An Interview with Dr. Fred Wendorf

The leading pioneer in the prehistoric archaeology of the Nile Valley and the Eastern Sahara shares recollections about his life in reference to his recently published memoir.

The Interview:

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Dr. Fred Wendorf came of age and began his career during a formative period in American archaeology. But after leaving his permanent mark on the development of archaeology in the American Southwest and the United States, he essentially founded the study of the prehistoric eastern Sahara, beginning with the Aswan Dam Project in the Nile River Valley. His life, nearly ended by a bullet on a WWII battlefield in Italy, has included an archaeological research career spanning six decades and an unsurpassed record of seminal contributions. His recently published book, Desert Days: My Life as a Field Archaeologist, is a record not only of a life, but of an epoch in the history of archaeology on two continents. This is history he not just witnessed, but to a significant degree he created it through his innovative approaches and endless energy, which should serve as an inspiration to subsequent generations of archaeologists.

Dr. Richard Pettigrew of ALI interviewed Dr. Wendorf for The Archaeology Channel on two separate occasions, first in person at the Society for American Archaeology Conference in Atlanta on April 24, 2009, and then over the telephone on June 9, 2009. Guided by Dr. Wendorf’s book, this interview covers a wide array of topics, including his role in the creation of the first truly large contract archaeology projects in the United States, his momentous and very fruitful decision to launch a field expedition in the Nile River Valley against the wishes and advice of others, and the contributions of his research toward the understanding of human cultural development. Personal anecdotes combine with long considered assessments to paint a genuine picture of his life and career and the era they have spanned.

Dr. Fred Wendorf

About Fred Wendorf:

Fred Wendorf, Henderson-Morrison Professor of Prehistory Emeritus, Southern Methodist University (SMU), grew up in Terrell, Texas, was wounded as a lieutenant serving in Italy during World War II, received his Ph.D. from Harvard University in 1953, and spent more than sixty years as a field archaeologist in this country and in Africa. In 1987 he was elected to the National Academy of Sciences.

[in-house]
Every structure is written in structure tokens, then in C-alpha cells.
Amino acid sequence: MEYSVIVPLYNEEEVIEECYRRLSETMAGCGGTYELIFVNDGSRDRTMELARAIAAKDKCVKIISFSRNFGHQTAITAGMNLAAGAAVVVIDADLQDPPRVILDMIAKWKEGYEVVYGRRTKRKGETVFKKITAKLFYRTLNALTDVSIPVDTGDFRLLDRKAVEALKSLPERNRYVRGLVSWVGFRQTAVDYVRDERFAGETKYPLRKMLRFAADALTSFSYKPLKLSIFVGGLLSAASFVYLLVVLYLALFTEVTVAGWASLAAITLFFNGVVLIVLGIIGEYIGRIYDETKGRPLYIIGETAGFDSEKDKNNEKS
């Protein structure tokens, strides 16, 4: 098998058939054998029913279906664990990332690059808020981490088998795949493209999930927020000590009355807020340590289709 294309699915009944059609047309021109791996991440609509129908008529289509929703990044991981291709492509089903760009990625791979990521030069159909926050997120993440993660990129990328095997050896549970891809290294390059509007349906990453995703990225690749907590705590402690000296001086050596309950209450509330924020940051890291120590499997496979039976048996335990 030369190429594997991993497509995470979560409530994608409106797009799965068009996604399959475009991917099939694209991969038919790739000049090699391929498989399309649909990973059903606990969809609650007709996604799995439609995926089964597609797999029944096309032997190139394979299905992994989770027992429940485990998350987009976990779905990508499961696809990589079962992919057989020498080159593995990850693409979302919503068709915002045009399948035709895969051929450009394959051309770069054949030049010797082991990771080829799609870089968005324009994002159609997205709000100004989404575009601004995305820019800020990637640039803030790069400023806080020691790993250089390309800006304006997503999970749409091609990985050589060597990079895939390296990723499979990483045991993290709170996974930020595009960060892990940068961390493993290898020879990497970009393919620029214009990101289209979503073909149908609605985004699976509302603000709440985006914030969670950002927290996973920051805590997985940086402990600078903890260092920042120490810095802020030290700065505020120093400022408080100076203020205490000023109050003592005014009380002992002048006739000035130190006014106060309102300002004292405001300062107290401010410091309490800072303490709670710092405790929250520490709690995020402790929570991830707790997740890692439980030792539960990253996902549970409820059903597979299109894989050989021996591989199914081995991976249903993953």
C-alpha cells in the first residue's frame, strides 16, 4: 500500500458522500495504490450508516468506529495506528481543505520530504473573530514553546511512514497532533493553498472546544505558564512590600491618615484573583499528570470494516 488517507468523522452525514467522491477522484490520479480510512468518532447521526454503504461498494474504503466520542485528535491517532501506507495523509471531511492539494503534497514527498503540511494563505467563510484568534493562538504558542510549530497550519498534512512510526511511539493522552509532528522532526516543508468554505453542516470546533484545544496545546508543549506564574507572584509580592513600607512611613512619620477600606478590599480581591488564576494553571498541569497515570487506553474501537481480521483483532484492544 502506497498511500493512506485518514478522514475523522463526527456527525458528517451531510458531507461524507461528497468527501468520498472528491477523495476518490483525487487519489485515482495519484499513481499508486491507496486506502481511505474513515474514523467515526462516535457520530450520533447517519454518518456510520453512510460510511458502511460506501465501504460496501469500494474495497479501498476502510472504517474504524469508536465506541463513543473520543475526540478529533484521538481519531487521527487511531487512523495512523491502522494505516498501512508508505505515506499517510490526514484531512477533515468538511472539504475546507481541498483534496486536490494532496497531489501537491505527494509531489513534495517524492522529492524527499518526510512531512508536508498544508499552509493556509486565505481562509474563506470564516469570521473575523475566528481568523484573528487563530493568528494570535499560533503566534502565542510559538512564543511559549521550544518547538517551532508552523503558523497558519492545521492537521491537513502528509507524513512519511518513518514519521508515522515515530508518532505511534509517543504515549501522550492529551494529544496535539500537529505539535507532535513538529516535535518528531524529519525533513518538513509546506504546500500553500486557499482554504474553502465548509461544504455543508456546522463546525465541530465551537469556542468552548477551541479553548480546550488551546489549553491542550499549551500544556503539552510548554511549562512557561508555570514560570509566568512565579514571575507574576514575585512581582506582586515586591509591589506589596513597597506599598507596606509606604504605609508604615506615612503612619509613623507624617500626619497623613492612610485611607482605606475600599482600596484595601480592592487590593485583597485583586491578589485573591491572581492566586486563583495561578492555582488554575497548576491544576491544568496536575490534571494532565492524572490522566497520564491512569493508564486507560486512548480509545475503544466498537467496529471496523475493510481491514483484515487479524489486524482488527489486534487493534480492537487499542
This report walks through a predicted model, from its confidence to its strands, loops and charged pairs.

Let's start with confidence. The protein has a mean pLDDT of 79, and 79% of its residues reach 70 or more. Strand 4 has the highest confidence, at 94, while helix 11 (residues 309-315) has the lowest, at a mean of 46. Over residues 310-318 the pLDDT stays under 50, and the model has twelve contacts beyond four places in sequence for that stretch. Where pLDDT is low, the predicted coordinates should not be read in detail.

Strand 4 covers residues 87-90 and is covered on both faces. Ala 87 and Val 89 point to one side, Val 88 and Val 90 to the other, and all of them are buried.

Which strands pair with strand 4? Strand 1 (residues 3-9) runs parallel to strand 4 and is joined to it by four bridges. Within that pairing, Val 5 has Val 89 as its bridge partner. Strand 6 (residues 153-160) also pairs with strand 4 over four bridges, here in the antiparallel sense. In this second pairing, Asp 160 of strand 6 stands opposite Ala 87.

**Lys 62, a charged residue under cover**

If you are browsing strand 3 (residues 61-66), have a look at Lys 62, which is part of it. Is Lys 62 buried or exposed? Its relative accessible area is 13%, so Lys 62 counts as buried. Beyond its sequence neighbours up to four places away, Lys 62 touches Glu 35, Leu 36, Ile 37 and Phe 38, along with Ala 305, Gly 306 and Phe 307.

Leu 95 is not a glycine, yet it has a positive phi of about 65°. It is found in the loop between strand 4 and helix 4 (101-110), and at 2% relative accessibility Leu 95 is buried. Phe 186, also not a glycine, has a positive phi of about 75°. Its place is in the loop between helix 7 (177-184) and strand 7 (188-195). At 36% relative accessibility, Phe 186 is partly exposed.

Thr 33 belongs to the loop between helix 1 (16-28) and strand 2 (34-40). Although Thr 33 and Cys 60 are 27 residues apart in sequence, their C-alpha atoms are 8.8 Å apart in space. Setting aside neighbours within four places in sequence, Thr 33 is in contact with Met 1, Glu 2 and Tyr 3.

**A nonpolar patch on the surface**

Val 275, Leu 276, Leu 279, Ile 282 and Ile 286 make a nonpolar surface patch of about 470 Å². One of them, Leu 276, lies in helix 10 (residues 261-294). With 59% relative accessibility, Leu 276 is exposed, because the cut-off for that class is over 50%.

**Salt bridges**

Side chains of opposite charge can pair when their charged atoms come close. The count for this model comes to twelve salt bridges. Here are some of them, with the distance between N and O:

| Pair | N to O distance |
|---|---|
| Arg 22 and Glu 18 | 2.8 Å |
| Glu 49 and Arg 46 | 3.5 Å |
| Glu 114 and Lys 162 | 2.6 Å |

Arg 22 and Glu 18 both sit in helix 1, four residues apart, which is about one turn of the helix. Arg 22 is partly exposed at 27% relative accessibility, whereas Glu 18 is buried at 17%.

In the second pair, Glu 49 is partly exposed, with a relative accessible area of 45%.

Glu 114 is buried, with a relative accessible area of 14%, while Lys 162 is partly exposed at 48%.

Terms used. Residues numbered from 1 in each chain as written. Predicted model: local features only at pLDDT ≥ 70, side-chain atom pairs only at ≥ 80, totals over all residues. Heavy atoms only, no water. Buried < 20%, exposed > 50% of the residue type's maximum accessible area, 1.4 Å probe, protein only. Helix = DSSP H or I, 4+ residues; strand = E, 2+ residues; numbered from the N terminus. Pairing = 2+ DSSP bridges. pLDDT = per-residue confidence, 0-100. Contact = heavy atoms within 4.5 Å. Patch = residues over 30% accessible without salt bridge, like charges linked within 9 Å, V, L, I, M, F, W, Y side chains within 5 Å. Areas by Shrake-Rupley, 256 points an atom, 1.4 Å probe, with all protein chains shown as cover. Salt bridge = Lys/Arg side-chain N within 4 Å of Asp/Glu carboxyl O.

After spending the early years of his career as a museum archaeologist, during which time he founded the Fort Burgwin Research Center (now SMU-IN-TAOS) in Taos, New Mexico, Dr. Wendorf joined the faculty at SMU in 1964 and shortly thereafter founded the Department of Anthropology there. His interests include the archaeology of the American Southwest, northeastern Africa, the Paleolithic, and the origins of agriculture. From 1962 to 1999, Dr. Wendorf led the Combined Prehistoric Expedition in the Sahara Desert, mostly in Egypt. This assemblage of archaeologists, geologists, botanists, zoologists and other earth scientists has published over thirty books and more than a hundred journal articles.

His enormous contributions to our understanding of early human life in the New World as well as the prehistory of northeastern Africa were recognized in 1996 by the University of Pennsylvania with the Lucy Wharton Drexel Medal for Archaeological Achievement, one of the highest honors that can be given to an archaeologist. He has been a constant advocate for the preservation of the archaeological record for the benefit of humanity. For a lifetime of scientific achievements in the field of archaeology, SMU in 2003 awarded Dr. Wendorf the degree of Doctor of Science,honoris causa.

Dr. Wendorf has contributed to and written numerous publications, includingArchaeological Studies in the Petrified Forest National Monument(1953);The Midland Discovery: A Report on the Pleistocene Human Remains from Midland, Texas(1955); Contributions to the Prehistory of Nubia(1965);The Prehistory of the Nile Valley(1976); The Prehistory of Wadi Kubbaniya (1989); Holocene Settlement of the Egyptian Sahara, Volume I: The Archaeology of Nabta Playa(2001);and nowDesert Days; My Life as a Field Archaeologist(2008).

Desert Days: My Life as a Field Archaeologist (Amazon.com)

Desert Days: My Life as a Field Archaeologist (Texas A&M University Press)

Prehistoric Sites in Egypt and Sudan (by Fred Wendorf; Nubia Museum)

The Wendorf Collection (British Museum) (Andie Byrnes)

SMU-IN-TAOS (Southern Methodist University)

Southern Methodist University Department of Anthropology